It's a special year. Indian cinema is turning 100. Celebrations are in order. And in this centenary year, it is interesting to reflect on women in our films today.
Let's take Hindi films - too many debates, discussions, and dialogues have taken place over the rising stock of women.
Each decade has its films that represent the extraordinary stories of the everywoman - the '50s had Parineeta and Mother India. The '60s have you thinking back to Sujata, Guide, Sahib Bibi Aur Ghulam; the '70s had Aradhana, Seeta Aur Geeta, Julie and Bobby. The '80s were lukewarm, as along with male-centric movies like Dostana and Mard, you also had Khubsoorat, Arth and Khoon Bhari Maang.
But the '80s and '90s, particularly the latter had very little for the actress to do – an essentially demoralising time to be a Hindi film heroine. The heroine was the love interest who got to wear outrageous costumes during songs and generally support the hero in his larger-than-life quest.
Films were largely mediocre; roles for women, worse. The everywoman was absent, but are we doing better now?
Coming to the present situation - how do we evaluate it? We've still not gotten over the 'women-centric' film tag that we paste on any film where the actress has the central role. We still get excited and flustered with such a film, because the fact is they are 'still' in a minority.
We treat them as the exception to the rule, and you'd think in the centenary year of Indian cinema, we'd have gotten more gender-liberal.
"Actresses today can drink, smoke and live-in," Sharmila Tagore was quoted as saying in a recent interview.
That she was among the first actresses to don a bikini, has had an illustrious career that pushed her range as an actor, and her tenure as the CBFC Chairperson lends her statement that much more weight.
Things were different back then, and her quote celebrates the rising democracy for actresses today. Yes, true. But what about the roles these actresses are playing on screen? How representative are they of you or me?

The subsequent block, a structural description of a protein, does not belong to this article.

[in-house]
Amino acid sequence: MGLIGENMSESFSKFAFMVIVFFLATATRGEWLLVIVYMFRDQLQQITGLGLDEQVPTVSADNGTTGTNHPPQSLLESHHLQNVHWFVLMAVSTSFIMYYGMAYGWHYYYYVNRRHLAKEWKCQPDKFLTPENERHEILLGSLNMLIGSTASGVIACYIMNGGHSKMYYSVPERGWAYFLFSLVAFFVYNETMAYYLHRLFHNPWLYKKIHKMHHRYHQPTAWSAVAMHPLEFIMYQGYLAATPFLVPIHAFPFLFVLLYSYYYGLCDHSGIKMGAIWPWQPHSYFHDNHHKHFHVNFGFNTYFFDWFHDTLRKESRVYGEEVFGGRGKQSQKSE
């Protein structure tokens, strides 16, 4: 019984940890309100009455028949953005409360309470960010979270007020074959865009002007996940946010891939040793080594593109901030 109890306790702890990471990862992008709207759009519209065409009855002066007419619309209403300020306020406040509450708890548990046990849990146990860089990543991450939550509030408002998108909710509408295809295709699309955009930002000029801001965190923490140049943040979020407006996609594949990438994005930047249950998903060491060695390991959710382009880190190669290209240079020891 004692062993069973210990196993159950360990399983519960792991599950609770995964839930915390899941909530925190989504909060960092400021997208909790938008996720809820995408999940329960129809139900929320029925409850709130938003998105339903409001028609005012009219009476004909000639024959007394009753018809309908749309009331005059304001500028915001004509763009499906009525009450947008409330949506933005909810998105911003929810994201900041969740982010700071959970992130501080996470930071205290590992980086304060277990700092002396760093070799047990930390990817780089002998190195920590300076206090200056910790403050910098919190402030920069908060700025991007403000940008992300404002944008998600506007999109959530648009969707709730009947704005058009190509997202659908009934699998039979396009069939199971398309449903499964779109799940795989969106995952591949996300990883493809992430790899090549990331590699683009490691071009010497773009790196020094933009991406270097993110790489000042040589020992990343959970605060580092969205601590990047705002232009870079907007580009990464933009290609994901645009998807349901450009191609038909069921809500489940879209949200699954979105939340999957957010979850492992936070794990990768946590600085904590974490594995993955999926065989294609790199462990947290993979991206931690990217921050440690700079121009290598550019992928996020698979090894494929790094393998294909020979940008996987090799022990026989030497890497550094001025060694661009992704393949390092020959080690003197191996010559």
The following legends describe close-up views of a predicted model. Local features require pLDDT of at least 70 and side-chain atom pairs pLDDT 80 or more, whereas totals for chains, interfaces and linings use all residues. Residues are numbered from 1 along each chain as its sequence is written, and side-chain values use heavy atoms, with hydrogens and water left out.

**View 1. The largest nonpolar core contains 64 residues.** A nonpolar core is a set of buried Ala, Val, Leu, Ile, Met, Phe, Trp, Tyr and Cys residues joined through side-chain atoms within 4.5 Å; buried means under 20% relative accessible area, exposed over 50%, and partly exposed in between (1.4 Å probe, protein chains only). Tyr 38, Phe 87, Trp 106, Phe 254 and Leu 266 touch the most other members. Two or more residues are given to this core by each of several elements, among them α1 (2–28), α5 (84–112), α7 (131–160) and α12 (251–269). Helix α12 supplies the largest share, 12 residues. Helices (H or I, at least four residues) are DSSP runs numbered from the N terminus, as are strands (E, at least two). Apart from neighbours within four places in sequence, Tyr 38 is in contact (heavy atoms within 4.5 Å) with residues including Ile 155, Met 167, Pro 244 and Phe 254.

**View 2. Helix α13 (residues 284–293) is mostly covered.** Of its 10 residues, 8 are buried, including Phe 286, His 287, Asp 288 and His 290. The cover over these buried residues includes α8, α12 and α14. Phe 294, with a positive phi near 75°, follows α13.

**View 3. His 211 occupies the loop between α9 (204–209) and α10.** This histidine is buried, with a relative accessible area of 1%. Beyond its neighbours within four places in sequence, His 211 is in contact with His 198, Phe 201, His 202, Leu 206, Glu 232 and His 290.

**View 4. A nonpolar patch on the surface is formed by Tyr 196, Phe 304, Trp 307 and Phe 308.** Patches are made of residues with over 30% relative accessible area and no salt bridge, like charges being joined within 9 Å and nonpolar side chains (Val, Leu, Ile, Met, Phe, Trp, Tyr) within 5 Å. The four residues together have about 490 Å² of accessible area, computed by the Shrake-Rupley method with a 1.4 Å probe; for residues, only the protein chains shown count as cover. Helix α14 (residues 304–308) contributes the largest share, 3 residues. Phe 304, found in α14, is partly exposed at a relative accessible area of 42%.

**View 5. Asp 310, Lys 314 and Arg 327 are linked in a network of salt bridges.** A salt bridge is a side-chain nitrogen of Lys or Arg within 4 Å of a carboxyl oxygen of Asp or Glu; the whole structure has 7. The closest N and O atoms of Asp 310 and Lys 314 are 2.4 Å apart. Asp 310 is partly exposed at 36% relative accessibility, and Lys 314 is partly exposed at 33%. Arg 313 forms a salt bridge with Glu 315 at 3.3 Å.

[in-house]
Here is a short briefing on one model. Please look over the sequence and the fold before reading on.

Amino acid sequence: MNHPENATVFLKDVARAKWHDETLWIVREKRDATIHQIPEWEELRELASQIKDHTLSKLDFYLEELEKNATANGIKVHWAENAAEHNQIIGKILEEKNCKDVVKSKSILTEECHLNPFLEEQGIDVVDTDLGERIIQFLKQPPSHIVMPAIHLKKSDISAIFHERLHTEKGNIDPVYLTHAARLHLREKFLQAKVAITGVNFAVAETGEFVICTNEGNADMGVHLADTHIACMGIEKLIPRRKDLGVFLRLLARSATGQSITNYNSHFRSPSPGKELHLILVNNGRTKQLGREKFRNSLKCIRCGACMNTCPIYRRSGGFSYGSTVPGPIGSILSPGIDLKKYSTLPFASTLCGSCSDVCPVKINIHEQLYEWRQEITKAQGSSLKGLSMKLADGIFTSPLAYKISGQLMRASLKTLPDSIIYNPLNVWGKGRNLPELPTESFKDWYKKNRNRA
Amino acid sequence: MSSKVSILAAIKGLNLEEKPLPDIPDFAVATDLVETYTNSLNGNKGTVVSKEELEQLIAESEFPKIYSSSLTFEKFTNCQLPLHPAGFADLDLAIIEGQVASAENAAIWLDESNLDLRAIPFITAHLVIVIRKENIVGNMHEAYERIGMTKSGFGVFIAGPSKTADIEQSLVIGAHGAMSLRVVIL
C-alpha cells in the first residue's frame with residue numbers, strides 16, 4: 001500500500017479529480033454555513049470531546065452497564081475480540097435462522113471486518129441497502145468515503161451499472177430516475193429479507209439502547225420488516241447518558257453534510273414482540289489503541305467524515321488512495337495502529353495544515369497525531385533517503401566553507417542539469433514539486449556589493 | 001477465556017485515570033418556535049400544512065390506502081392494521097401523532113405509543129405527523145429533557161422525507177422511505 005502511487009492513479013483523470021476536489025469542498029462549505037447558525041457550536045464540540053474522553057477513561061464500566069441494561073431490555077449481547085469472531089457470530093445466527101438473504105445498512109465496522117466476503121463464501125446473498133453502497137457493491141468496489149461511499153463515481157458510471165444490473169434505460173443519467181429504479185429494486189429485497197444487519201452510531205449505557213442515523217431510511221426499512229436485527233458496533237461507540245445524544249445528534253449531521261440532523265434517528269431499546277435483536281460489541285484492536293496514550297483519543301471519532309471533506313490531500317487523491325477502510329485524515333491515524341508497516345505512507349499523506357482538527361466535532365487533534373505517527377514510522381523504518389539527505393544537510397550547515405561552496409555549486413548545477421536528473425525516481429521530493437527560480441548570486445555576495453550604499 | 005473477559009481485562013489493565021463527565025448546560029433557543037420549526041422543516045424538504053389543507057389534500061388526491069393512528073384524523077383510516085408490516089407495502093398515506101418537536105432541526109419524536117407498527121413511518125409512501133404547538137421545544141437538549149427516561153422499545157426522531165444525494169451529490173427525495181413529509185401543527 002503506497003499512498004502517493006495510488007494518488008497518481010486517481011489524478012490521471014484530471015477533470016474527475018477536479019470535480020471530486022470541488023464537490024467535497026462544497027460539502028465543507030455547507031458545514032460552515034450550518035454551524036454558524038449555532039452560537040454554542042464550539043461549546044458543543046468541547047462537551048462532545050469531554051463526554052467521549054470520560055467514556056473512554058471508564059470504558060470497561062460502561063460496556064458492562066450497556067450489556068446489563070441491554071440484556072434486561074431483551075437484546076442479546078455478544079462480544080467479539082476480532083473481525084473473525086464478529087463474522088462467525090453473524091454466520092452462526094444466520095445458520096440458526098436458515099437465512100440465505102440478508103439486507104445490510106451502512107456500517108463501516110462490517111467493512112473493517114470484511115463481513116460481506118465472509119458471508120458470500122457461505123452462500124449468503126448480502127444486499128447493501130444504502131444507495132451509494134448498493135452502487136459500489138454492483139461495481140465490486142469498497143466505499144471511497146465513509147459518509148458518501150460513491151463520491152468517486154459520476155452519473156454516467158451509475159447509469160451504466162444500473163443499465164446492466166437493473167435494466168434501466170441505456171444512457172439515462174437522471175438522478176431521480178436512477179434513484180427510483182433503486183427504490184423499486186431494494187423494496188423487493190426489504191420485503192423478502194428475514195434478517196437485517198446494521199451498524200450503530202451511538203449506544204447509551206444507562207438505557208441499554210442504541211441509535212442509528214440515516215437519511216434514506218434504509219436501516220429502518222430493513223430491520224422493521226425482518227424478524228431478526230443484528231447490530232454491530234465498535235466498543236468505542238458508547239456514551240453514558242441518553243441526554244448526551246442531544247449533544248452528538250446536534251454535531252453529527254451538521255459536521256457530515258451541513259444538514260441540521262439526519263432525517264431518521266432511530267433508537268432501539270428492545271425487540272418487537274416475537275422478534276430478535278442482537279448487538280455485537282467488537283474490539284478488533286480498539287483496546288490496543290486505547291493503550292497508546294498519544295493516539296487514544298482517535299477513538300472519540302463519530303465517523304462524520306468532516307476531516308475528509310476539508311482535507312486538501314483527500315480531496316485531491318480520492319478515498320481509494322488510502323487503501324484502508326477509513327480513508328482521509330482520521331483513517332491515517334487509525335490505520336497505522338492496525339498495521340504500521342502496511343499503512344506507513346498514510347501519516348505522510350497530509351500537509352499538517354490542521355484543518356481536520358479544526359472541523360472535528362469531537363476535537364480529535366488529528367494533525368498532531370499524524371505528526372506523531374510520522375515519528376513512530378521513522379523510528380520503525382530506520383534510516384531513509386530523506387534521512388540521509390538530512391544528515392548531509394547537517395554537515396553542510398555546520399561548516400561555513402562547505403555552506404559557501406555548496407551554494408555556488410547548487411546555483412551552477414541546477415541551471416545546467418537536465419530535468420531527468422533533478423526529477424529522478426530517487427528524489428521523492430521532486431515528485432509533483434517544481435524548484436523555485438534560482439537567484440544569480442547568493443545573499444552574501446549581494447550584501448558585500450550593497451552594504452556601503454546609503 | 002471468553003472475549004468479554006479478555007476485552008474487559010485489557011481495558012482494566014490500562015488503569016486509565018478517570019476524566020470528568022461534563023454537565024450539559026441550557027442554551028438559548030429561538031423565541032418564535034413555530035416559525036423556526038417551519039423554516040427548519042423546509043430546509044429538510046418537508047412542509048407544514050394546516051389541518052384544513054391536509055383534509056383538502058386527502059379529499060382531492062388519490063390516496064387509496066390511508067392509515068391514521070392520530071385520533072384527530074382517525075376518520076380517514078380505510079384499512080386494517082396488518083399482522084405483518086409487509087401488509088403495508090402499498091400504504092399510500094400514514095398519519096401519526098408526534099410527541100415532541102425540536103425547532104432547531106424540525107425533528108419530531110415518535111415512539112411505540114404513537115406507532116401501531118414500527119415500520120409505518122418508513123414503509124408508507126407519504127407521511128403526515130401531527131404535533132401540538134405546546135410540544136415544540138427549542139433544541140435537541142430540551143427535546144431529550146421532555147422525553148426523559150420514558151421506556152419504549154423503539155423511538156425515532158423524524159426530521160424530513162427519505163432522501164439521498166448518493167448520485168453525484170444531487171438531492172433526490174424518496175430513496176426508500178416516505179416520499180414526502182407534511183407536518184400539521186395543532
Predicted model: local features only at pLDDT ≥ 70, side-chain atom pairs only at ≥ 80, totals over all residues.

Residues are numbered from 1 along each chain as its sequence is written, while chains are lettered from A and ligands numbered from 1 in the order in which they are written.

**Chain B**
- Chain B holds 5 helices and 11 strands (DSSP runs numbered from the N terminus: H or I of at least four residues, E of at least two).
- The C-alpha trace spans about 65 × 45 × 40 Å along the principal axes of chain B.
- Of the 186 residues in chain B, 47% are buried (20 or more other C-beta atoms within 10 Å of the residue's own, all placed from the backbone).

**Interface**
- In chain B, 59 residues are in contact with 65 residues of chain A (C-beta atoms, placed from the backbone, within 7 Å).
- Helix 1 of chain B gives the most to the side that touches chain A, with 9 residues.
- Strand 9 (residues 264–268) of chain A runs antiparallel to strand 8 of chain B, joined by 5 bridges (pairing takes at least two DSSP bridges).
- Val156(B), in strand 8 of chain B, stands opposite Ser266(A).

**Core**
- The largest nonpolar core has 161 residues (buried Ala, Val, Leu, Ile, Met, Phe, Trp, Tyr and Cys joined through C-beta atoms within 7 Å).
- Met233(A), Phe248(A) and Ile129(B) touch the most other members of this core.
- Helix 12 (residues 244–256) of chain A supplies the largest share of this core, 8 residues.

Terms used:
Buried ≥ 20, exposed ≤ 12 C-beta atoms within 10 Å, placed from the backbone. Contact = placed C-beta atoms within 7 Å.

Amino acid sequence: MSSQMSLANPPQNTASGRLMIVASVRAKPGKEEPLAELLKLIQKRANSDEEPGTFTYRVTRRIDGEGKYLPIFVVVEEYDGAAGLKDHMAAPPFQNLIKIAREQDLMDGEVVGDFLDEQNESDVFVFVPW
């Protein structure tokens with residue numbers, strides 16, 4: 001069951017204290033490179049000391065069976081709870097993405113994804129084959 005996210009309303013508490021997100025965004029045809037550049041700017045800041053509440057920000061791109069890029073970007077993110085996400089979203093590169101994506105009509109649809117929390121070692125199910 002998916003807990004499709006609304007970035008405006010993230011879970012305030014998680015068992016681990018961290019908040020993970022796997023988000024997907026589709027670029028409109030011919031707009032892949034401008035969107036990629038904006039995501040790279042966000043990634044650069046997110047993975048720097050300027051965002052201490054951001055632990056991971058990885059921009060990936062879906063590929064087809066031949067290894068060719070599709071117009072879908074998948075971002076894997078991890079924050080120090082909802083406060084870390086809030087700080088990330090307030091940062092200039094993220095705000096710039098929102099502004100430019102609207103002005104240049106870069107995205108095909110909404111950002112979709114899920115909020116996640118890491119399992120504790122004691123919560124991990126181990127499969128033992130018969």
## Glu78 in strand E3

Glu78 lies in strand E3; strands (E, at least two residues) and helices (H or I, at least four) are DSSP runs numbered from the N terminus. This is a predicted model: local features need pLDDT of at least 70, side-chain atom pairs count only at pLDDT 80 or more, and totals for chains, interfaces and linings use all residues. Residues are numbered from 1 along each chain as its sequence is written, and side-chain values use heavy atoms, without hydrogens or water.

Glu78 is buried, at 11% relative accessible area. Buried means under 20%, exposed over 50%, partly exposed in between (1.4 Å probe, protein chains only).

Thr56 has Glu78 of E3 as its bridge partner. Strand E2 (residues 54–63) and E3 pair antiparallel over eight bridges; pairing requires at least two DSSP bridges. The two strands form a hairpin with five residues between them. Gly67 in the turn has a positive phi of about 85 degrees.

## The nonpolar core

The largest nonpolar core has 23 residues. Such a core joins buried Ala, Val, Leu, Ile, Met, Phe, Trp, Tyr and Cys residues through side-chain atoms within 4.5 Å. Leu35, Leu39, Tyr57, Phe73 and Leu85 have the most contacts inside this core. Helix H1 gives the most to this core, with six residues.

Think films with meaty roles and immediately The Dirty Picture and Kahaani come to mind with faint reminisces of No One Killed Jessica. The actor common to all three films - Vidya Balan - has naturally come to represent this new trend in cinema.
Last year's nominees in the Best Actor (Female) category threw up a mind-boggling list. From Sridevi in English Vinglish, to Priyanka Chopra in Barfi!, from Kareena Kapoor in Heroine to Parineeti Chopra in Ishaqzaade and even Deepika Padukone in Cocktail.
A jury member of prominent awards show confessed that this category was the trickiest to judge, so deserving was each nominee. A positive sign indeed!
But, it is still considered OK to use the heroine to titillate - to present her in a hyper-sexualised avatar, disregarding whether it suits the character or not.
If she's a college girl, she has to be in hot pants (Mere Dad Ki Maruti); if she's a professional, put her in clingy sarees or tight skirts (Inkaar); if she's a cop, get a tight shirt and leave the front buttons open; if she's playing the attractive love interest, get her to do a risque item number for good measure (every other Bollywood film).
Even today, you want to ask... where is the everywoman on screen? We want to see her, identify with her issues, celebrate her little victories, and root for her.
The everyday woman is absent from our films, and she is being sorely missed. Bollywood, are you listening?